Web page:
On a Wednesday morning in late August, the first post in my feed read: “I refuse to acknowledge autumn.” I had just spent over fifteen hours traveling with eleven high school seniors. Weary with more than jet lag, I felt the full force of those words. I don’t want to go back to school, I thought.
I am a STEM teacher at Classical Academy Middle School (CAMS) in downtown Escondido. Two years ago, I stood in front of a group of thirty-six skeptical parents, pitching a brand new program. We’re going to teach your kids to self-direct their learning, I said. In class, we’ll apply that learning in real-world projects. Little did I know that this group of trusting parents and hesitant students would become a tight-knit family of pioneers, paving the way for our new Summit Learning Program, which now serves over 800 students ranging from seventh-twelfth grade. With such success, why was I hesitant to return?
Every educator, no matter their victories, has had a moment of doubt. In mine, I reached for a much-needed mug of coffee and happened to read the inscription: teach, inspire, motivate. In that instant, I remembered why I was excited to go back to school.
Project-Focused Learning – This year my students will engineer chemical solutions to plastic waste, create self-sustaining ecosystems, attack castles with percentages, and play baseball using probability, among other things. We’ll turn school into play with a purpose.
Mentoring for all students – As part of Summit Learning, my team and I will meet with each of our cohort students individually every two weeks, building relationships and helping them set goals to achieve their dreams. As part of The Classical Academies, I will get to know not only my students, but also their families. Working together, we will develop personalized learning plans to help each student reach success not only in school, but also in life. At the end of our two years together, we will become a family.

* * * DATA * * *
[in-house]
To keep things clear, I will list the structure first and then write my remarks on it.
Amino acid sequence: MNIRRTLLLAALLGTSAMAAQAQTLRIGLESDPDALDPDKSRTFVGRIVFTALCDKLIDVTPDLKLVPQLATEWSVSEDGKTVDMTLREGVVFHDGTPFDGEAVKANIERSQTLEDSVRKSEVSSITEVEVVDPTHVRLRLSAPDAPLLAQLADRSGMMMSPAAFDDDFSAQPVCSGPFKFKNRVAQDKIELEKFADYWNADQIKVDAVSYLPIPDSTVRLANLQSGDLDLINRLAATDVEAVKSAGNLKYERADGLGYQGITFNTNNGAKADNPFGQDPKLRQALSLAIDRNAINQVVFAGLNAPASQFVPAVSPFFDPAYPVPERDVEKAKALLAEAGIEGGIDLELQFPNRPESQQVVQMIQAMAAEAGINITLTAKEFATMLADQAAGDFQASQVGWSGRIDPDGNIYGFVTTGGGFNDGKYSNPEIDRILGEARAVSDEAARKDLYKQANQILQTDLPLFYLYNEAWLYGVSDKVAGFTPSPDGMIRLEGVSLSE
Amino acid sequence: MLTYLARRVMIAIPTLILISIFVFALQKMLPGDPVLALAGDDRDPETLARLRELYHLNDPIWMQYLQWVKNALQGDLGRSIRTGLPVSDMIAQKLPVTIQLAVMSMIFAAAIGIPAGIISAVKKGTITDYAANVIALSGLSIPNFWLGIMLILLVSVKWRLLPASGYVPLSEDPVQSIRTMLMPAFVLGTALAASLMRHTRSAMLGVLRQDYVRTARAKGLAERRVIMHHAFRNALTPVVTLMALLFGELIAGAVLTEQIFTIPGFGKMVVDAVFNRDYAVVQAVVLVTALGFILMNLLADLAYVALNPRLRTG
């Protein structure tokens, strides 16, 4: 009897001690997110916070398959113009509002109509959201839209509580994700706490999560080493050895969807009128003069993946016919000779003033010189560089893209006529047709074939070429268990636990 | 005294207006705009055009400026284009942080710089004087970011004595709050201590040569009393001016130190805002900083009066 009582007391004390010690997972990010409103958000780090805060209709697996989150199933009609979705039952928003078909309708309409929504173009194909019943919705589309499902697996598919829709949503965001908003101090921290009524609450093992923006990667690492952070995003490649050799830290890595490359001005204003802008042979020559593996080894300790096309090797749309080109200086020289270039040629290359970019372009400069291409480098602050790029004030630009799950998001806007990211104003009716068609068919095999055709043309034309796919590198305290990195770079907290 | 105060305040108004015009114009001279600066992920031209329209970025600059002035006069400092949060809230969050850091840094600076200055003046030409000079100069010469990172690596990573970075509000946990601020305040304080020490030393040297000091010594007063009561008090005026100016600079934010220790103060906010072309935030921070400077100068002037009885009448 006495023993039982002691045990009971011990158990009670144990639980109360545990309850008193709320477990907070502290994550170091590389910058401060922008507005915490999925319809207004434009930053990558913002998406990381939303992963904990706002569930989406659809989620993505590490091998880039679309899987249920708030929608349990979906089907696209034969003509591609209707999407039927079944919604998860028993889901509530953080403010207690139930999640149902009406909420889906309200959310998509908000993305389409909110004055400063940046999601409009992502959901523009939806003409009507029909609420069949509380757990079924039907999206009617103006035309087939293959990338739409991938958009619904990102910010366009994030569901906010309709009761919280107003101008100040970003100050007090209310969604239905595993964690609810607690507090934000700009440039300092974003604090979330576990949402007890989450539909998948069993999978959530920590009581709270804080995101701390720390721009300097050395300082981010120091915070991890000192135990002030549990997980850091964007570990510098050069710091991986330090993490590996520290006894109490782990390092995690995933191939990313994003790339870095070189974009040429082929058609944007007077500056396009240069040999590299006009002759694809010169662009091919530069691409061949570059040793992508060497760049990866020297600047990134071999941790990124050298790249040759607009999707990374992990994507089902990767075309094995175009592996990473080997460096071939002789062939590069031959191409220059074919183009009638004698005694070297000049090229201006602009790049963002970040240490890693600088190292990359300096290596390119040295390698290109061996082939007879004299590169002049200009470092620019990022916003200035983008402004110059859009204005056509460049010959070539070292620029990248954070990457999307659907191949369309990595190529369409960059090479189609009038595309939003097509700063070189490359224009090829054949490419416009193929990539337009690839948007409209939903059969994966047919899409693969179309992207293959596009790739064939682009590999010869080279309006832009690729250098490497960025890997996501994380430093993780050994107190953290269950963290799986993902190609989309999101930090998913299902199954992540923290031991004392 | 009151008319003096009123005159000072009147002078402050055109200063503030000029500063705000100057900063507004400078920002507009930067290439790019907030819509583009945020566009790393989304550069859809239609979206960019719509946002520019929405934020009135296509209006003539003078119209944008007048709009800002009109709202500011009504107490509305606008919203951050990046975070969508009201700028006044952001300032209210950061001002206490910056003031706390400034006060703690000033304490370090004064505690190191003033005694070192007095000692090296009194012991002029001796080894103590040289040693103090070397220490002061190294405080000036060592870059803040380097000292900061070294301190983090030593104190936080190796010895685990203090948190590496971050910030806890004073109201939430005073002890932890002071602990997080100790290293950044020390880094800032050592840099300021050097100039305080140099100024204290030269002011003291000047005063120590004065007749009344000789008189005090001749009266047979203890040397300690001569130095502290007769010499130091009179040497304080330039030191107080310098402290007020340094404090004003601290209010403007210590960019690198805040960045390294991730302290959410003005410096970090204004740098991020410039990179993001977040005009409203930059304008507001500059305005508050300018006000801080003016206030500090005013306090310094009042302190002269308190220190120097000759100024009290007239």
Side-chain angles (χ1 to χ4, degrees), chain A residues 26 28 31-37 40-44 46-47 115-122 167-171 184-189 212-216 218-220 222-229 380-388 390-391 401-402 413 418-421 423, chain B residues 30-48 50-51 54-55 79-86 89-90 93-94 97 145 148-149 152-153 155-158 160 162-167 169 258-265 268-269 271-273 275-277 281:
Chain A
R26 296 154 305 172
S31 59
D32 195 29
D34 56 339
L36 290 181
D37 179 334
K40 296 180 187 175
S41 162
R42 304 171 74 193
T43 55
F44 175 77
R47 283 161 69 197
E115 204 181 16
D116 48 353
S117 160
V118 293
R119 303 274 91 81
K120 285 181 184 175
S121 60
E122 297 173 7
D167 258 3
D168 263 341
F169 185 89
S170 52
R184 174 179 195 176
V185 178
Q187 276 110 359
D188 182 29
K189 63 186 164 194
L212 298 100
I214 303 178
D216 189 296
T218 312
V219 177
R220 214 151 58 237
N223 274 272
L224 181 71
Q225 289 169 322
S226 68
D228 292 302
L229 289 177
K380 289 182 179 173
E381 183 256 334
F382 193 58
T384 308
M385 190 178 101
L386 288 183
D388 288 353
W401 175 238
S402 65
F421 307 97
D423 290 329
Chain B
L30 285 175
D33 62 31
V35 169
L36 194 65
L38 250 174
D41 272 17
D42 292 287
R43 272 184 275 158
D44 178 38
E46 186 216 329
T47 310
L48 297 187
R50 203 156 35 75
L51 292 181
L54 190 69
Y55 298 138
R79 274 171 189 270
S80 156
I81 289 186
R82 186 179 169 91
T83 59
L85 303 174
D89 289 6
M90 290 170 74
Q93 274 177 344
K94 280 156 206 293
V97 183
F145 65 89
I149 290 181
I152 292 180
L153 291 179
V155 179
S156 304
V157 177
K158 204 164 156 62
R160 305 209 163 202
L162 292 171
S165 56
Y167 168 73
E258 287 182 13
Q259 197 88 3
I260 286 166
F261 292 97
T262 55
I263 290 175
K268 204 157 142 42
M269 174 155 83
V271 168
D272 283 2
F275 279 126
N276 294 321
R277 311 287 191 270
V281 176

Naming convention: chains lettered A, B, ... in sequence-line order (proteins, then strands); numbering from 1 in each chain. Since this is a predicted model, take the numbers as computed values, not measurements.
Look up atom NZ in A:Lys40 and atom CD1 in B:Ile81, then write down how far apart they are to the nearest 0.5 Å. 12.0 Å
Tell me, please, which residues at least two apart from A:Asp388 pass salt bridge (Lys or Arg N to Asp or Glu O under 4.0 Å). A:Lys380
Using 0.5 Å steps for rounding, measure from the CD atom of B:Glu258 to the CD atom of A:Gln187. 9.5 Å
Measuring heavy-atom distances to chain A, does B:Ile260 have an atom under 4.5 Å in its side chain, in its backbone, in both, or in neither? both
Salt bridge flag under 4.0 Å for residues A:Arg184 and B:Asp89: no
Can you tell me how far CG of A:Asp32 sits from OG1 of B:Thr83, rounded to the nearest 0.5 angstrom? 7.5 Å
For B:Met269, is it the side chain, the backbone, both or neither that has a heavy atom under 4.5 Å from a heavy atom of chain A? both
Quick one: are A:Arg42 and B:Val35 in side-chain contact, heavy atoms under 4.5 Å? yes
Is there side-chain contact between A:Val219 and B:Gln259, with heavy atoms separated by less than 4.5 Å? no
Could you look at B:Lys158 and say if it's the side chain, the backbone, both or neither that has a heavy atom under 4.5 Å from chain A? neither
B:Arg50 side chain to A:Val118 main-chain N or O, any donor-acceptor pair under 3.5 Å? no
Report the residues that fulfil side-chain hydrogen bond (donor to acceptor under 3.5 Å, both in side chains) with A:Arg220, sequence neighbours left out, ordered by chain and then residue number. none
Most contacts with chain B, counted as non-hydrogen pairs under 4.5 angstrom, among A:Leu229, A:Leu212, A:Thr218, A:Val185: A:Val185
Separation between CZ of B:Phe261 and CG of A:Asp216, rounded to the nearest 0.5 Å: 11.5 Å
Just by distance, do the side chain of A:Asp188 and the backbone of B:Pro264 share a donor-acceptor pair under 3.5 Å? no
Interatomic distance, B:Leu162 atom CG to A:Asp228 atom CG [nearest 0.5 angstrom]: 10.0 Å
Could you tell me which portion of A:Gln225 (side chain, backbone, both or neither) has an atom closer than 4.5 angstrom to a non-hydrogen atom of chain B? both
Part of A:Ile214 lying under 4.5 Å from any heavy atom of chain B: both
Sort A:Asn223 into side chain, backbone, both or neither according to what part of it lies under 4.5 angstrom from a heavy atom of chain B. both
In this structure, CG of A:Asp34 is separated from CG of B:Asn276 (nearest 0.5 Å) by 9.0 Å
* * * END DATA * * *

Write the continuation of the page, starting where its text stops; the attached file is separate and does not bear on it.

Productive Struggle – I love teaching in a program that helps students realize failure is not an identity, it is an opportunity to grow. Summit transforms the tightrope of self-education into a balance beam: it doesn’t prevent students from falling, but it makes their fall less detrimental, and more of a lesson to learn from. After-all, growing from failure is one of the most important skills students need to learn. As my students’ anxiety decreases, they develop grit and perseverance that will serve them long beyond my classroom.
These were the things I remembered in late August, staring at a coffee mug that represented the hearts of students I’d impacted, and who had impacted me. So administrators, homeschool parents, and principals: here’s to another year of watching students learning how to stand up for themselves; discovering they can do math; and realizing that everyone is smart, we just all approach it differently. And to my fellow teachers: may our hearts always be as full as our mugs, and our spirits as undeterred as the most determined tightrope walker.
SARAH PIERCE, Escondido